For example, consider the internal forces—the *stress*—felt by a small three-dimensional object. Each of three planes through the object (, , and ) feels a force which itself has three components (, , and ). Thus to fully describe the stress on the object we need *nine* numbers: the x-direction force on the plane, the y-direction force on the plane, etc. It is convenient to bundle these objects together into a single “stress tensor” .

and here are called the *indices* of the tensor. Each index has a *dimension* specifying the possible values it may take: in this case the dimension of both indices is 3, since each may take three possible values. The total number of indices in the tensor is called the tensor’s *rank*. Thus, is a rank-2 tensor. It may happen to be true that the same number is always obtained when the tensor indices are swapped: . In this case we say the tensor has a *symmetry* upon the relevant indices.

Tensors of the same rank can be added, multiplied, or divided component-wise. They can also be *contracted over an index* to produce a new tensor of lower rank. Suppose, for example, that we wish to compute the stress experienced by each plane of an object in some particular direction. We can compute this stress—which will have three components and thus be a rank-1 tensor (a vector) —by contracting with a vector that points in a particular direction:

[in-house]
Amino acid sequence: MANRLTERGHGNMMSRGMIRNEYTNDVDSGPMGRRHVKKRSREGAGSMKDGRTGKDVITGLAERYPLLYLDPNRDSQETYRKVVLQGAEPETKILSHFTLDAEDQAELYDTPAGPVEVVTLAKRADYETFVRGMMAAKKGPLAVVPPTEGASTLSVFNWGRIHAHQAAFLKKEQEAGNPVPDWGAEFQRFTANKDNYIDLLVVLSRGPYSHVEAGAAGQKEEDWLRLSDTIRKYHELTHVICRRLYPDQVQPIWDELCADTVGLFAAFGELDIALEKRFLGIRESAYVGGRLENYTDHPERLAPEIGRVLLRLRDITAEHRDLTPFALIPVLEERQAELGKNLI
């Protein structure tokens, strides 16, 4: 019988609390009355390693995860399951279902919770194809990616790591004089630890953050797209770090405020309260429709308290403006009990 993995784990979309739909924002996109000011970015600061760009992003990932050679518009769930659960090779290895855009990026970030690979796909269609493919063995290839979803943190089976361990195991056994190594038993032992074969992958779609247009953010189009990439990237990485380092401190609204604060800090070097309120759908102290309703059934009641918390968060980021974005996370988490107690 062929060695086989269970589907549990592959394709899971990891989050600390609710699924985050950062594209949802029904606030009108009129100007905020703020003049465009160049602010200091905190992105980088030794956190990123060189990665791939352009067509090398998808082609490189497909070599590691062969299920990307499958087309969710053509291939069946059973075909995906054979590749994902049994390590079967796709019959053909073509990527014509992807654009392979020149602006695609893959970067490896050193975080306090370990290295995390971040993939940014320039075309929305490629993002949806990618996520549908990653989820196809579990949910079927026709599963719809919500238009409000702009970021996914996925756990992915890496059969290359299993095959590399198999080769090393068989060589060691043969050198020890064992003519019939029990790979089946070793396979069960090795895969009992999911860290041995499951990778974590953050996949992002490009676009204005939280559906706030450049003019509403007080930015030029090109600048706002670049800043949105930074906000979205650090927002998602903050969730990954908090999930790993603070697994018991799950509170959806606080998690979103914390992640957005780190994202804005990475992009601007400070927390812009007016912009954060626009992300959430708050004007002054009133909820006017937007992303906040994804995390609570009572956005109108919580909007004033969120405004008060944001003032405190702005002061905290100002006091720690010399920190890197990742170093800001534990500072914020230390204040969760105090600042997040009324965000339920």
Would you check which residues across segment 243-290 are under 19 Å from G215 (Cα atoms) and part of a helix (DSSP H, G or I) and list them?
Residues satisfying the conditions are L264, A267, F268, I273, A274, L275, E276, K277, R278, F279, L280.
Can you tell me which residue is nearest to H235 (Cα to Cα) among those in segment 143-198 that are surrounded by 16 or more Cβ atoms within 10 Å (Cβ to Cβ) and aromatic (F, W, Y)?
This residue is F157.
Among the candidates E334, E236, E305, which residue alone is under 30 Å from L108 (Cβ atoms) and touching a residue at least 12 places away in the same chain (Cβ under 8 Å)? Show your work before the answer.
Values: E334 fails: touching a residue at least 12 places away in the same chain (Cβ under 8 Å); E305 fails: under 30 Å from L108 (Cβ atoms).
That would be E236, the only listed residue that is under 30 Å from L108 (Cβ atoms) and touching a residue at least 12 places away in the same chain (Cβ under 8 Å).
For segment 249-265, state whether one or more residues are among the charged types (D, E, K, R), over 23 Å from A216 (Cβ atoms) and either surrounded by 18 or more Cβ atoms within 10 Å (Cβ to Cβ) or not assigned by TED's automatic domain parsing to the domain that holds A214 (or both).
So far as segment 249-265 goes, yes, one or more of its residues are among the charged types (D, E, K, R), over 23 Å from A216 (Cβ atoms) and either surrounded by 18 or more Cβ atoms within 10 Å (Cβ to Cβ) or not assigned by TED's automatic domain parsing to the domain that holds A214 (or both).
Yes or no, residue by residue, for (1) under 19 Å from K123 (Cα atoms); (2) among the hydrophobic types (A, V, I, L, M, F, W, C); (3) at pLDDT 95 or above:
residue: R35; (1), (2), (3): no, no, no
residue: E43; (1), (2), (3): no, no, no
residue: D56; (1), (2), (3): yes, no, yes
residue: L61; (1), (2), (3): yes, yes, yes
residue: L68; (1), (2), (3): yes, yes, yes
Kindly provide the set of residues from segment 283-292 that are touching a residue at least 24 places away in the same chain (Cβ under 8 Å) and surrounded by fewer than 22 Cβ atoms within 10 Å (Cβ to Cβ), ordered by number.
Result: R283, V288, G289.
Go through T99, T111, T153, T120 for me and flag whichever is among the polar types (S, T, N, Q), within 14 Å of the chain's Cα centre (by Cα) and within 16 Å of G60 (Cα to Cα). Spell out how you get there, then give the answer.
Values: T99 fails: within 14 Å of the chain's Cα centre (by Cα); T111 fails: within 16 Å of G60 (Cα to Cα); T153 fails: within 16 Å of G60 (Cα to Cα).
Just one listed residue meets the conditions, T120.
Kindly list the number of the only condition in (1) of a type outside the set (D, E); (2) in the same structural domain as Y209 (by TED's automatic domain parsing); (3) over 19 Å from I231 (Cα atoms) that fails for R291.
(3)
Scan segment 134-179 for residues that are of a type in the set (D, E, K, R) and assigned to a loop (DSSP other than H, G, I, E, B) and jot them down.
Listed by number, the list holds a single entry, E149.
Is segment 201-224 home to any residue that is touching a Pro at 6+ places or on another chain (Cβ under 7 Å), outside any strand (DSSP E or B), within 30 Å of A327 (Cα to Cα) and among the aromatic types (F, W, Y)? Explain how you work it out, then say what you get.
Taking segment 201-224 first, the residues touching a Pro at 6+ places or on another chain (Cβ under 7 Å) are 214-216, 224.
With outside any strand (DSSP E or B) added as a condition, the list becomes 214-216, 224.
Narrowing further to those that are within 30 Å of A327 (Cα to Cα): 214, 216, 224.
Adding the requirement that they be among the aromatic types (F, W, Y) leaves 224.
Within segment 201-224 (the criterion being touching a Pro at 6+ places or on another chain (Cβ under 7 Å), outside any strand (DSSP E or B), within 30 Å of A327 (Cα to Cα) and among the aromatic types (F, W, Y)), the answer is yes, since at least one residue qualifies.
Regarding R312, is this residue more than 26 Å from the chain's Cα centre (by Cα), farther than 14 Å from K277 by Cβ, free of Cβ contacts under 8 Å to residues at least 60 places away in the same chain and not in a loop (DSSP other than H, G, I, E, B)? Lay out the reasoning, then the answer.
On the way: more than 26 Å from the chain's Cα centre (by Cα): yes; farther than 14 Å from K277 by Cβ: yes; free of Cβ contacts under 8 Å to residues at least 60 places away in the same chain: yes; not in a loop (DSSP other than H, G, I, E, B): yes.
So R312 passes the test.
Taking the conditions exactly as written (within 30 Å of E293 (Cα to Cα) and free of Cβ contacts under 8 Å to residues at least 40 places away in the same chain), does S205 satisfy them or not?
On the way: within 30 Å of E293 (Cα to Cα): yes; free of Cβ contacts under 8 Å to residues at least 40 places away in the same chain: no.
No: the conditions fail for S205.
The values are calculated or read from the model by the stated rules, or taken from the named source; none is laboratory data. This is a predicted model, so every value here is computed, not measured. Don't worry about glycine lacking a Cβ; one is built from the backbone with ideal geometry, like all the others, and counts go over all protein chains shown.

We express contraction by writing two tensors beside one another with a repeated index: this always implies a sum over that index.

Most operations in a physics code—and certainly in a general relativity code—can be viewed as operations on tensors. Traditionally in an HPC environment we would encode such operations using nested for loops. For example, consider the “index raising” operation, ubiquitous to any general relativity code:

(1)

The above operation might be implemented in C using code like the following.

for (int j=0; j<N; ++j) { for (int k=0; k<N; ++k) { \\* double sum=0; for (int i = 0; i < N; ++i) { sum += a[i][k]*b[i][j]; } } }

These loops are tedious and hard to maintain. For example, suppose that we wished to express the same operation upon a with a symmetry (so ): this would amount to replacing the line of code marked `\\*`